Movement on the road network is managed by local councils using Traffic Regulation Orders (TROs). Some examples of TROs are speed limits, parking restrictions, restrictions on the movement of HGVs and closure of roads for street works, street parties and parades. The Department for Transport is working with GeoPlace, the Ordnance Survey and the British Parking Association (BPA) on a discovery into the processes by which TROs are made, how TRO data is made available and used across the country. 
Nigel Williams, Chairman, BPA

Coding the road for a connected future
The way in which use of the kerbside is regulated and managed will need to become increasingly accurate in order to accommodate the wide range of people and organisations wanting to use it. And the advent of connected and, ultimately, autonomous vehicles, means that the accuracy of how traffic orders and regulations are recorded and mapped must be improved. This presentation will look at issues such as:

  • The digital mapping of signs and lines

  • Ensuring the ‘hygiene’ of street inventories

  • Parking apps: Are they only as good as the information they draw on?

Dan Hubert, Chief Executive & Founder, AppyParking

Electric avenues
With electric vehicles set to become the dominant type of vehicle on our roads over the next 10-20 years, a whole new charging infrastructure will have to be created on people’s driveways, at workplaces, in car parks and on the street. The government’s Road to Zero agenda sets out a vision of chargepoints easily accessed by drivers of electric vehicles (EVs). This vision is, in great part, dependent on local authorities to deliver.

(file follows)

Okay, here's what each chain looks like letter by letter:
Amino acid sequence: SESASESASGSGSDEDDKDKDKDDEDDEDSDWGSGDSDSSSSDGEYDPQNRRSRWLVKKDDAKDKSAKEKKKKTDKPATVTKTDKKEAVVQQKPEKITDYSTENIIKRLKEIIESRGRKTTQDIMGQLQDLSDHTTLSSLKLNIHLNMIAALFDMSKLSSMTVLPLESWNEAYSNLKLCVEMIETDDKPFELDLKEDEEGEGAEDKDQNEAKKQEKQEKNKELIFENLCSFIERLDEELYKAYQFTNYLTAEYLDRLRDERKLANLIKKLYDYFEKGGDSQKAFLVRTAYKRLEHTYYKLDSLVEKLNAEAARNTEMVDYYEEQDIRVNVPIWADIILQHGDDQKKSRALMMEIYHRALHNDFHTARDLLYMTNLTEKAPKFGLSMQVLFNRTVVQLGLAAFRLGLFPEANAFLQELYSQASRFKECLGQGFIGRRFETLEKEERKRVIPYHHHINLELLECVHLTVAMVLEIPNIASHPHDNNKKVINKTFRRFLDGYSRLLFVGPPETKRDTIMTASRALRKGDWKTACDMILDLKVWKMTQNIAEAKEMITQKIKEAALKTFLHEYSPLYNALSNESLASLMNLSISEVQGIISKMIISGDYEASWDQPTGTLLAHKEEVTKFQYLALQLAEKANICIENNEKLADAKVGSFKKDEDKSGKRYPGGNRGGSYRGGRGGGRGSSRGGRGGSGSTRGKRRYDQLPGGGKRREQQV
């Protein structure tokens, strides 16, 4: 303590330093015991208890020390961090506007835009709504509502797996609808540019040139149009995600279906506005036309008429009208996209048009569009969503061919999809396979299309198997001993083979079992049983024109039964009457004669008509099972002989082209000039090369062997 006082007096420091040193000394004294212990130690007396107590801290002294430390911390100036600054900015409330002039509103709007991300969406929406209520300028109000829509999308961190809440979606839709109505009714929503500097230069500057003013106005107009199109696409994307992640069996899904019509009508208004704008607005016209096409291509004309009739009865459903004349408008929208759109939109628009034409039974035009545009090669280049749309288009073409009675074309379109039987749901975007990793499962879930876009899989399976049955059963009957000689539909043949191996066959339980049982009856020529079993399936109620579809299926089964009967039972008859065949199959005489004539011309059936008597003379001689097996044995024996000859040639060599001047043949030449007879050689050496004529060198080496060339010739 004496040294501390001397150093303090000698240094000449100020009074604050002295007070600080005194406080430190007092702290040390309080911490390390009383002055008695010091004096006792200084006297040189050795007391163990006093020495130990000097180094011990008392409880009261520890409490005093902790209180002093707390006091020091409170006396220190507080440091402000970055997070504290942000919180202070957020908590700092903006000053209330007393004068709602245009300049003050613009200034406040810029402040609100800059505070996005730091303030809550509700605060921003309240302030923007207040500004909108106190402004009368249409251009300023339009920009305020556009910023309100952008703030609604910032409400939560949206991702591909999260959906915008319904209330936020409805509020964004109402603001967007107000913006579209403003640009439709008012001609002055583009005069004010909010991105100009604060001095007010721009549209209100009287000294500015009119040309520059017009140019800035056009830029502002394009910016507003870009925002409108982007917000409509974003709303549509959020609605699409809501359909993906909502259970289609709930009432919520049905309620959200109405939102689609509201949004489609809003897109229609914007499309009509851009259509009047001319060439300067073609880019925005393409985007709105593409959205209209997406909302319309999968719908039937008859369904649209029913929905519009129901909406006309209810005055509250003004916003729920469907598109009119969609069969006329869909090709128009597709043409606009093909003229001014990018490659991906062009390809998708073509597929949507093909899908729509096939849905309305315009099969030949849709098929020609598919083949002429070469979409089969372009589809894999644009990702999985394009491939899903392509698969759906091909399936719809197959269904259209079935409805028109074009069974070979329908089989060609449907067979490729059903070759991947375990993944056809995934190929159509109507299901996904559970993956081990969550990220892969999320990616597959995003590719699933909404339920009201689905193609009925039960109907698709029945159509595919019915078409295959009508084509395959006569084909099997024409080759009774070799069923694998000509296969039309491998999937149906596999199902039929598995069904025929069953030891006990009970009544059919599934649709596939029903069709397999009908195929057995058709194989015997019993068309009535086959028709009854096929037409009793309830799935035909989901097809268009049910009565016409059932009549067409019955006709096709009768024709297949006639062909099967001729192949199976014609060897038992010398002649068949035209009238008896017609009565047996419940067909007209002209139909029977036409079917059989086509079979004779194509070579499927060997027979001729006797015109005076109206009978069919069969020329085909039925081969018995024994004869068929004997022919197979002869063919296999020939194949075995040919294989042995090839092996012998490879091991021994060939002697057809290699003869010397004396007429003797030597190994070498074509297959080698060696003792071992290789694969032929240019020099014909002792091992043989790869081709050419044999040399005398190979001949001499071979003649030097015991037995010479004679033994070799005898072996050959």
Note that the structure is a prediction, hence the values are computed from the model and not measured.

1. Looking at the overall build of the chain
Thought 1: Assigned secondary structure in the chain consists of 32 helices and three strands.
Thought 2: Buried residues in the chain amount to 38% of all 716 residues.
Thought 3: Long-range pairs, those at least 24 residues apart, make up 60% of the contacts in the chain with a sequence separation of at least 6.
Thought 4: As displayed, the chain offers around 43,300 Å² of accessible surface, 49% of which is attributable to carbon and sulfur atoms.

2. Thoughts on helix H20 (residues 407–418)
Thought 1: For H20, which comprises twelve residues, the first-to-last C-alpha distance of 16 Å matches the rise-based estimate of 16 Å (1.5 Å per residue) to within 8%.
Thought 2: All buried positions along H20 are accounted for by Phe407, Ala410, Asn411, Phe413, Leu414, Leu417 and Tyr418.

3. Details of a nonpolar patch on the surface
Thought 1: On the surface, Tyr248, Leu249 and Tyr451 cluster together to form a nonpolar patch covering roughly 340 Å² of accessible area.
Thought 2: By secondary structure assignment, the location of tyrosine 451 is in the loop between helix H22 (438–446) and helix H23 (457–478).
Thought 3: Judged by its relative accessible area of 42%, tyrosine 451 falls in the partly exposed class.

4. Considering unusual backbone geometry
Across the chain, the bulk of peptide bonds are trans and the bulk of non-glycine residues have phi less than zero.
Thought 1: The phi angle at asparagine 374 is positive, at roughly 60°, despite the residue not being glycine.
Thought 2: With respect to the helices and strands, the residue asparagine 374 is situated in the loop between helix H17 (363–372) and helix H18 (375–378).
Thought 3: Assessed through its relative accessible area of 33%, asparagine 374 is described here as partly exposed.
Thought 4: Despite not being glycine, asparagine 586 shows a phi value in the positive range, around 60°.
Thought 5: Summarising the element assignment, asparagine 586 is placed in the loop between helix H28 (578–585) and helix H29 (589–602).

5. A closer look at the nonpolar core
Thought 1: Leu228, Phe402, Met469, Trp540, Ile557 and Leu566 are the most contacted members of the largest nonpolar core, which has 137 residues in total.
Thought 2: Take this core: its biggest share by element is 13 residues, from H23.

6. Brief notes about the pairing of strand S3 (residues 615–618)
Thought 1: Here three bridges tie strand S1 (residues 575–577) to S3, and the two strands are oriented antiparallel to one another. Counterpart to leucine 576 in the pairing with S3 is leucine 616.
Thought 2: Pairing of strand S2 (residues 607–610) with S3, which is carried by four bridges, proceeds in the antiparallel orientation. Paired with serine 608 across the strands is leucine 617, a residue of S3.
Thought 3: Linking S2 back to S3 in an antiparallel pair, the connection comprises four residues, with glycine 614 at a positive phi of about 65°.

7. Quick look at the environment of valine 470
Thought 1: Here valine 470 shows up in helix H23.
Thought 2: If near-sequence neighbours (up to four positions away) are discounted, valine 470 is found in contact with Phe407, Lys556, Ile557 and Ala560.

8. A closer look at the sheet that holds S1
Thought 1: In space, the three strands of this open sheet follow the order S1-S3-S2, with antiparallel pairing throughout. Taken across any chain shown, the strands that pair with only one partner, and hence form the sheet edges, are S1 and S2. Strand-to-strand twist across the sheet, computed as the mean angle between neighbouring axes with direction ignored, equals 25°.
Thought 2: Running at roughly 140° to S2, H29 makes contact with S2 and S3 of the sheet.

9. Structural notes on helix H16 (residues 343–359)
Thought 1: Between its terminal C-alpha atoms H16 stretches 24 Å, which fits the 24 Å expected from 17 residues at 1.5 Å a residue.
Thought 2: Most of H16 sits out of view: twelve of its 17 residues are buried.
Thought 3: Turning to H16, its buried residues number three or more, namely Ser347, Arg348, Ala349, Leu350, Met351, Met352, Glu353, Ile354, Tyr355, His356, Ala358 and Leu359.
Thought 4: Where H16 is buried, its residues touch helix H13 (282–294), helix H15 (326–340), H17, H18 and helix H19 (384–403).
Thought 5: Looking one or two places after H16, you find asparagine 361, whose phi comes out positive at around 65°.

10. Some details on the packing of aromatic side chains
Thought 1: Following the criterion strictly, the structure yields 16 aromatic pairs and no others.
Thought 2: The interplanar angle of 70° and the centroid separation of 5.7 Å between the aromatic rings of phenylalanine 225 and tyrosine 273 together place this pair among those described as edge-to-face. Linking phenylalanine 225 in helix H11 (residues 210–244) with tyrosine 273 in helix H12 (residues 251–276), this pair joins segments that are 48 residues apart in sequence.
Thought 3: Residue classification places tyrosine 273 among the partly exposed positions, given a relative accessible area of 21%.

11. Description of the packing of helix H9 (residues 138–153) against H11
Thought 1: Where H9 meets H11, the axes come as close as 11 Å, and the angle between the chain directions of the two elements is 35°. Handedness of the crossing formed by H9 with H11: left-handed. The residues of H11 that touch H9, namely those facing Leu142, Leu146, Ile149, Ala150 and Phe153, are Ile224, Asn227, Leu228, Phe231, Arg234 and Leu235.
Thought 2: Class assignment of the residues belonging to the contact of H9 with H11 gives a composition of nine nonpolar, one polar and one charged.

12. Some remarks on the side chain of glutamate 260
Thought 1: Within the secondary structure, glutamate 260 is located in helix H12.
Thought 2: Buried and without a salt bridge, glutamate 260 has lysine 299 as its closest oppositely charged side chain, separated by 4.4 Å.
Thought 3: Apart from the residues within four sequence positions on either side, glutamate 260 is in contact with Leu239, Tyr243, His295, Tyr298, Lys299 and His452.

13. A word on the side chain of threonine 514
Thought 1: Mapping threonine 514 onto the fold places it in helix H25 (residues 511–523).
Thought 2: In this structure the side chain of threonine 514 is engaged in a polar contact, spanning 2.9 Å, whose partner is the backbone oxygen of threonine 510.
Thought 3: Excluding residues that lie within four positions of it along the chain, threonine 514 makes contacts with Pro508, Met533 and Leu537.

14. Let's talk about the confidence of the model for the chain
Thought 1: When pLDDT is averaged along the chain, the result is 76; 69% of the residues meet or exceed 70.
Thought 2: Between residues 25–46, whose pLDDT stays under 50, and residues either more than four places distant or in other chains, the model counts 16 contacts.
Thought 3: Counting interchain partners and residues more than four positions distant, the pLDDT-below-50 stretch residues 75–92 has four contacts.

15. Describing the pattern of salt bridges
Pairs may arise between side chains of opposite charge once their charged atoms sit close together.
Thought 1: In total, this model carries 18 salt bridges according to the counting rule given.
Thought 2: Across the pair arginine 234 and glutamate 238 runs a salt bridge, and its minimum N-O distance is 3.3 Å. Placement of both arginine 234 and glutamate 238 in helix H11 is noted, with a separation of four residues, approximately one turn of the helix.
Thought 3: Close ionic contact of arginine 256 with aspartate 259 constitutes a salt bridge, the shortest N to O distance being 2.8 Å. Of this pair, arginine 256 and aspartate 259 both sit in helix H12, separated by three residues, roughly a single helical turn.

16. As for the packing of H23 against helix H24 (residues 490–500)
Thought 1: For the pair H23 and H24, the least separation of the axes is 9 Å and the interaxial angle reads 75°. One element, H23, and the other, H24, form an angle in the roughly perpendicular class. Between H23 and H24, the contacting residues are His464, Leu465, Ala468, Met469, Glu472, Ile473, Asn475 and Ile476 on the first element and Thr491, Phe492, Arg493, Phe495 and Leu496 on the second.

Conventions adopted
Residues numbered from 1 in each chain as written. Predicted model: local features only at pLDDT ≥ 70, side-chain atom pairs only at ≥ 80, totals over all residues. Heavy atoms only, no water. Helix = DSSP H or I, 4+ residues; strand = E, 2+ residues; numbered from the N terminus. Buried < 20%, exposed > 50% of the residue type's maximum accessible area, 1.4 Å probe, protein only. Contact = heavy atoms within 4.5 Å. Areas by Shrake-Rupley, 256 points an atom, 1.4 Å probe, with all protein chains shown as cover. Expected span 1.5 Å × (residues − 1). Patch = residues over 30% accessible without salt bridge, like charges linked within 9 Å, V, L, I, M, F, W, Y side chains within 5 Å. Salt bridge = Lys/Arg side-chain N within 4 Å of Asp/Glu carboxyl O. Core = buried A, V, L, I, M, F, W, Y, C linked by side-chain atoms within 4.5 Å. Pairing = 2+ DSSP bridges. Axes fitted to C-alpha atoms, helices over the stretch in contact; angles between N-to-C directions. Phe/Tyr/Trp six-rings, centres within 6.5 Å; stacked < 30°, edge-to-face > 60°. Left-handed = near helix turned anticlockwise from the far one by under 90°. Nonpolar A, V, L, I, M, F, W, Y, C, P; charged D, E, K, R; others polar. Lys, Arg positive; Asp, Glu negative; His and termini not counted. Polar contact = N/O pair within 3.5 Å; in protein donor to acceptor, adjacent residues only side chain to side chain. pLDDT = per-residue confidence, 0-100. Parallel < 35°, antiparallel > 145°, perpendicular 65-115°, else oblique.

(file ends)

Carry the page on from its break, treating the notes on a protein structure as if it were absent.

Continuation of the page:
Paul Nicholls, Parking Strategy and Contracts Manager, Brighton and Hove City Council

Building for an EV future: Parking site criteria tool
When introducing an electric vehicle charging network, it is important to understand the guidelines and best practice principles behind choosing locations for lamp column chargers, floor-standing units and rapid chargers. A well-placed charger of the right capacity has the potential to service many more EVs than multiple units in the wrong place.
Avisha Patel, Senior Consultant (Traffic and Parking), Project Centre

ReThinking the kerbside: The ReCharge Parklet
The ‘ReCharge Parklet’ transforms a parking bay into a space that combines EV and e-Bike charging facilities with a micro-park known as a ‘parklet’. It can also provide mobile phone charging, Wi-Fi, seating, bicycle stand and pump, and urban greening. The concept is aimed at boosting levels of activity in cities by making them more attractive for walking and cycling and improving social interaction on a street.
Susan Claris, Associate Director, Arup

Questions and answers



Networking reception

Drinks with the sponsors and exhibitors


Event close

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22 January 2019

Manchester conference centre
Sackville St, Manchester M1 3BB

Traffic and Parking 2019
Landor LINKS

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Parking Review